Joint replacement data transforms lives

Joint replacement data transforms lives

We all know that, for decades, Canadian consumers and retailers have benefited from the efficient recording and tracking of product information, using standardized bar codes, and relating that to the customers who use the products. What you may not know is that CIHI is using a similar approach to help policy-makers and clinicians better understand which medical device products work best for which patients.

CIHI’s Canadian Joint Replacement Registry (CJRR), launched in 2000, is the only pan-Canadian medical device registry that links hip and knee implant device information with patient hospitalization records to improve the quality of care patients receive and the outcomes they experience. CIHI and Canada’s orthopedic surgeons work collaboratively to ensure the ongoing success of the CJRR, which could prove to be a model for how information on medical devices is collected and used in the future.

Improving the quality of care and patient outcomes

Last year, CIHI reported that patients with a specific type of metal-on-metal hip replacement (large-diameter) were 1.6 times more likely to require a repeat surgery within five years to replace the implant than patients who received the most common type of metal-on-plastic implant. The finding was based on analysis of eight years of CJRR data.

These findings matter because patients whose artificial hips need to be replaced sooner than expected after an original joint replacement surgery require a revision surgery and the overall experience affects their quality of life. As well, the cost of a revision is higher than that of an initial hip replacement surgery. These patients stay in hospital an average of 17% longer than those undergoing the initial replacement surgery, and procedure costs in the hospital for revision are typically about 45% more than for the initial surgery (not including doctor fees and rehabilitation costs).

Surgeons can use the information from CJRR to assist them as they make careful decisions about what implants will work best for each of their patients, taking into consideration patient age, sex, level of physical activity and other factors.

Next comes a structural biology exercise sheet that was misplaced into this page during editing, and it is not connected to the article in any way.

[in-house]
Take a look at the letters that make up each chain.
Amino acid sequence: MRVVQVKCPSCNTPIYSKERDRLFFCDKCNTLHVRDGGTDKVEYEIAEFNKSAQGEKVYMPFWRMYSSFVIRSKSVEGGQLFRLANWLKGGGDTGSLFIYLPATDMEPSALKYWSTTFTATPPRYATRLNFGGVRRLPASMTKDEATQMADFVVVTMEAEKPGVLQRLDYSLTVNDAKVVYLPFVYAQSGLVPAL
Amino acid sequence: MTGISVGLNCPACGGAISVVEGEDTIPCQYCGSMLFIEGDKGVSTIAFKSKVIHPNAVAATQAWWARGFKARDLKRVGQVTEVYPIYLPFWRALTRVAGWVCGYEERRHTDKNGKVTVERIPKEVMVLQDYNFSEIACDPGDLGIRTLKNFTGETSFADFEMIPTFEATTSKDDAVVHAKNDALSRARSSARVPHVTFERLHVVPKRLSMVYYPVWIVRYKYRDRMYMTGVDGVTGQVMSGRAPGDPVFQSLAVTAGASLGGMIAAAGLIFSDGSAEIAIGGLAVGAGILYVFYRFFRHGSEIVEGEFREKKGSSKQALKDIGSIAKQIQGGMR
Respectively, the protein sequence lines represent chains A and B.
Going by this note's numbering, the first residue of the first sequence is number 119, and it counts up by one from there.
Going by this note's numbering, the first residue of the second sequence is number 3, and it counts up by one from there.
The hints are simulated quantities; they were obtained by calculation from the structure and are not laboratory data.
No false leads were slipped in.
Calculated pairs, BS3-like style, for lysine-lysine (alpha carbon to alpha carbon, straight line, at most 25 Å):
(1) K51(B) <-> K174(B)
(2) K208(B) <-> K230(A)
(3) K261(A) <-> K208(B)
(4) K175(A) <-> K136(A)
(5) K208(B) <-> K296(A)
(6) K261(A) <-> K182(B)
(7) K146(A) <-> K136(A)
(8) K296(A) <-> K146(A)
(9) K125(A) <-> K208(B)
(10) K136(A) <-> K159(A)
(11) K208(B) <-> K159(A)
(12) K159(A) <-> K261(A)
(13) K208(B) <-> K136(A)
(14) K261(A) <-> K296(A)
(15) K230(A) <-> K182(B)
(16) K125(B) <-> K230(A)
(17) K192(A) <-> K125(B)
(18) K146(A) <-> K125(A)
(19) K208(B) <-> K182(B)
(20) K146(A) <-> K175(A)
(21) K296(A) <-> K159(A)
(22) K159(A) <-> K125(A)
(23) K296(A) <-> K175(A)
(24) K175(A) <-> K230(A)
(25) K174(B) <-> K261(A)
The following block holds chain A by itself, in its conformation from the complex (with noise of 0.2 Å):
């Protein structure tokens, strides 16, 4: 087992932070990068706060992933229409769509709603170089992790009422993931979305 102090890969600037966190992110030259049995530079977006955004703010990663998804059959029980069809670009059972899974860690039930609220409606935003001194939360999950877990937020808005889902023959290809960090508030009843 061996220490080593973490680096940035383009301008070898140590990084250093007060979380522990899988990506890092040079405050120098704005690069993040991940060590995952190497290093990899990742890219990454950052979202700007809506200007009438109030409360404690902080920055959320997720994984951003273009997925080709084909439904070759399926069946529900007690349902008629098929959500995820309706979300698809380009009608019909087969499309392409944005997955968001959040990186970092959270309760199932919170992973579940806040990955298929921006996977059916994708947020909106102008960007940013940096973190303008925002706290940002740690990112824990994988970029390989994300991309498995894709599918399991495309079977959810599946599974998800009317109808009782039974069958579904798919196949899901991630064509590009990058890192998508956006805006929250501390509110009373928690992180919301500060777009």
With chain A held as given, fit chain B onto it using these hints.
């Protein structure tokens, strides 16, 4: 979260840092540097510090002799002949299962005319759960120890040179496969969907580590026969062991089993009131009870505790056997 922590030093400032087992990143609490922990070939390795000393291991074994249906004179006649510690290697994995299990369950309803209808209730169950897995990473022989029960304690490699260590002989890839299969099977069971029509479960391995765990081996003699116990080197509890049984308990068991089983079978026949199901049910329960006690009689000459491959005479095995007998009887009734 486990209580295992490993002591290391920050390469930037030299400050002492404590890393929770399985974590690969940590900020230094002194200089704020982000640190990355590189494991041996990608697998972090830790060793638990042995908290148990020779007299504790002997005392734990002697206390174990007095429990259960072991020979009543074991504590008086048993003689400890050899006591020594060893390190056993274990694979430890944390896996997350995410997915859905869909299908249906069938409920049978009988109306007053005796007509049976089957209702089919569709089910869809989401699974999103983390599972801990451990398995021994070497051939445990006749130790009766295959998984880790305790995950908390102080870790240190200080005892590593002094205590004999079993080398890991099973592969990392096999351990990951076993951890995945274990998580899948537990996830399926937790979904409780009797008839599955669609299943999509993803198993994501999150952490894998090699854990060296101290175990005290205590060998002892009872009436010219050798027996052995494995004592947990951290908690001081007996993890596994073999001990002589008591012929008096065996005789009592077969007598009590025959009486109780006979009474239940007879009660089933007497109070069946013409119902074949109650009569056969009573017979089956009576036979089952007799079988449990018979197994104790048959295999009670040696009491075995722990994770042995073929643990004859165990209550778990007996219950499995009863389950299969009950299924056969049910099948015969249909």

The CJRR evolution

Historically, participation in CJRR was voluntary for orthopedic surgeons, and for years coverage across Canada was below 50%. In other words, only about half of all hip and knee replacement procedures were captured in the registry. In 2012, recognizing that a simplified submission approach could result in enhanced pan-Canadian coverage, CIHI moved to a new Minimum Data Set for CJRR (CJRR MDS) standard recommended by the International Society of Arthroplasty Registries.  This significantly reduced the number of data elements that were submitted, as well as the time required to complete the entry of each record.

Following the transition to the CJRR MDS, British Columbia and Ontario implemented mandatory CJRR reporting from all of their hospitals, and Manitoba changed its mandate to fully electronic reporting in 2013–2014. This has increased pan-Canadian coverage from 43% in 2011–2012 to nearly 74% in 2012–2013, and CIHI is optimistic that this percentage will continue to increase.  

CIHI is also improving the quality and usability of the registry data by

  • Moving from paper to exclusively electronic submissions in April 2013;
  • Allowing implant information to be scanned from barcodes rather than manually entering the information; and
  • Working with partners such as GS1 Canada to influence manufacturers to adopt international barcode standards for hip and knee implants and provide implant product information in a central repository.

“As more jurisdictions make CJRR reporting mandatory, the data will paint a fuller picture for the surgeons and health system decision-makers,” says Greg Webster, CIHI’s Director of Acute and Ambulatory Care Information Services. “Robust, accurate data will ultimately result in better care for patients, and the rate at which patients requiring earlier repeat surgery should decrease.”